“I’m in the book,” he whispered. He took a hesitant step and heard the familiar crinkle of a crisp sheet of paper. “All of this white… I’m on a damn page.”

“Indeed, you are, young Damien.”

The boy whirled to see who had spoken. As he spun, a thin line of black began to spread, a horizon drawing itself across the white. “Who said that?”

“I did.” The black continued to crawl across the white until it had completely encircled Damien. The new horizon yawned and an elderly man stepped forth out of the black. “My name is Rhu, and I am the author of the book in which you have taken refuge. I must say, you’re the first one to think about hiding in here. Well done, Damien.”

“How did I get here, Rhu, and how do I get back out?”

“Do you really want to go back, my boy? After all, she’s in a fine temper, what with having lost you again. I’m sure that she suspects that you’ve made it here, but that scares her as well. You see, outside she controls the doors, but here in the book my power is absolute.”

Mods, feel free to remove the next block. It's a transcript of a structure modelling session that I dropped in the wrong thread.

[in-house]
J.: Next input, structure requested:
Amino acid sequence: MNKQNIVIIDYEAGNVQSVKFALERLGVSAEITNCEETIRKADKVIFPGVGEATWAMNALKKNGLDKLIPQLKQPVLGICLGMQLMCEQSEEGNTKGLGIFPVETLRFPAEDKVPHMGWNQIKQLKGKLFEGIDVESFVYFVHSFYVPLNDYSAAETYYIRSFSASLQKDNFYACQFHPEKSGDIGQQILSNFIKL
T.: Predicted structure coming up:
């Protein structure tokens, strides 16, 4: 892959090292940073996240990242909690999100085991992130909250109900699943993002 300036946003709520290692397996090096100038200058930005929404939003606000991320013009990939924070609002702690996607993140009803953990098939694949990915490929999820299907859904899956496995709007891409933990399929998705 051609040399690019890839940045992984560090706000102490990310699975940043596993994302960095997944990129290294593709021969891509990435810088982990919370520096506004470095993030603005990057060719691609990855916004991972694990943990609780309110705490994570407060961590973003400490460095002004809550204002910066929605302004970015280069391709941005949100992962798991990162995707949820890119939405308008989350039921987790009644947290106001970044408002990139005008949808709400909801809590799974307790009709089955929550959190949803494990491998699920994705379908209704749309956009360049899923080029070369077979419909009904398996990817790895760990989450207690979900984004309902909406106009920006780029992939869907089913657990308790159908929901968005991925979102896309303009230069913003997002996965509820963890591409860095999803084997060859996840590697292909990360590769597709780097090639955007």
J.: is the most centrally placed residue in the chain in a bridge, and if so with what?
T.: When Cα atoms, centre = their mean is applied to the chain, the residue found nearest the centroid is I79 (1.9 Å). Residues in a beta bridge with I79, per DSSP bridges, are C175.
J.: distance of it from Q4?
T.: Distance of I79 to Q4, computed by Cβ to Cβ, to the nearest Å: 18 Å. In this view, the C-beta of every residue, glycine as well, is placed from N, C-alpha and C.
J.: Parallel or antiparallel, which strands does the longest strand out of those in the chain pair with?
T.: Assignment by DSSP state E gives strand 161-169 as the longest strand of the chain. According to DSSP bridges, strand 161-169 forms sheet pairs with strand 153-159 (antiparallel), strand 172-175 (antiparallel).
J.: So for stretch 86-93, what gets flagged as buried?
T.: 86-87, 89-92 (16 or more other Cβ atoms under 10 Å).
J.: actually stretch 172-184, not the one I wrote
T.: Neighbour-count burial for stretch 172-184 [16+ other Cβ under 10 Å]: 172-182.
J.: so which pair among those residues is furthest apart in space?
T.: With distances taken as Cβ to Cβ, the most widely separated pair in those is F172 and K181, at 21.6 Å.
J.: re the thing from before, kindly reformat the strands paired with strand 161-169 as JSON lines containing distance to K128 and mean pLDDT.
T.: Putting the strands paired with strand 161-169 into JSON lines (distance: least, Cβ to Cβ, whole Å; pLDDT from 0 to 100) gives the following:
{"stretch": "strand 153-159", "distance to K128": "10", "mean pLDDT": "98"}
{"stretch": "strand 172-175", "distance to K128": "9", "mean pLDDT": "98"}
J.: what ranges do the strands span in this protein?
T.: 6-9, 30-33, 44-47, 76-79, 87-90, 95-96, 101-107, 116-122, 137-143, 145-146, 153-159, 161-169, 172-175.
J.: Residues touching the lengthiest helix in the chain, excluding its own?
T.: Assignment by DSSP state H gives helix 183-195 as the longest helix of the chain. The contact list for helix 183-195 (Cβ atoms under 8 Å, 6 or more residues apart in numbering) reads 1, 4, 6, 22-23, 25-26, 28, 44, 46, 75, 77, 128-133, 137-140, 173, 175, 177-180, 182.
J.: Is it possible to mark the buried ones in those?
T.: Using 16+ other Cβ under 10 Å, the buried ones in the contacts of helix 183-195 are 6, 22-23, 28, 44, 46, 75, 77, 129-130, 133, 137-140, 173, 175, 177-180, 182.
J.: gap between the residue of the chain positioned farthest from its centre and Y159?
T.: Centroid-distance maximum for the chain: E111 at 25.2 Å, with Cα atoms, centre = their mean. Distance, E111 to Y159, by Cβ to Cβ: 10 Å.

“You haven’t answered my questions yet.”

“Very well. You got here the same way you’ve gotten everywhere and everywhen else you’ve ever gone since picking up this book. You learned the secrets of door travel that I originally mastered, thanks to my writings. When you needed an escape from her, the book responded to your need and gave you a way out. In, rather. As far as getting back out, I can send you away from here, if that’s what you desire. I can send you back to the real world, but there is no guarantee that you’ll be safe from her. Her power grows by the day.”

“Who is she?”

“A former student of mine, I’m afraid. She thought that by locking me away in my own book, she’d get rid of me. Instead, I’ve managed to get the book into the hands of those who might be able to defeat her. That’s why you found her bookshop that day, Damien. You have the ability to stop her once and for all, but the first thing you need is time. I can give that to you, if you wish to avenge the deaths of your friends.”

“I…What do I have to do?”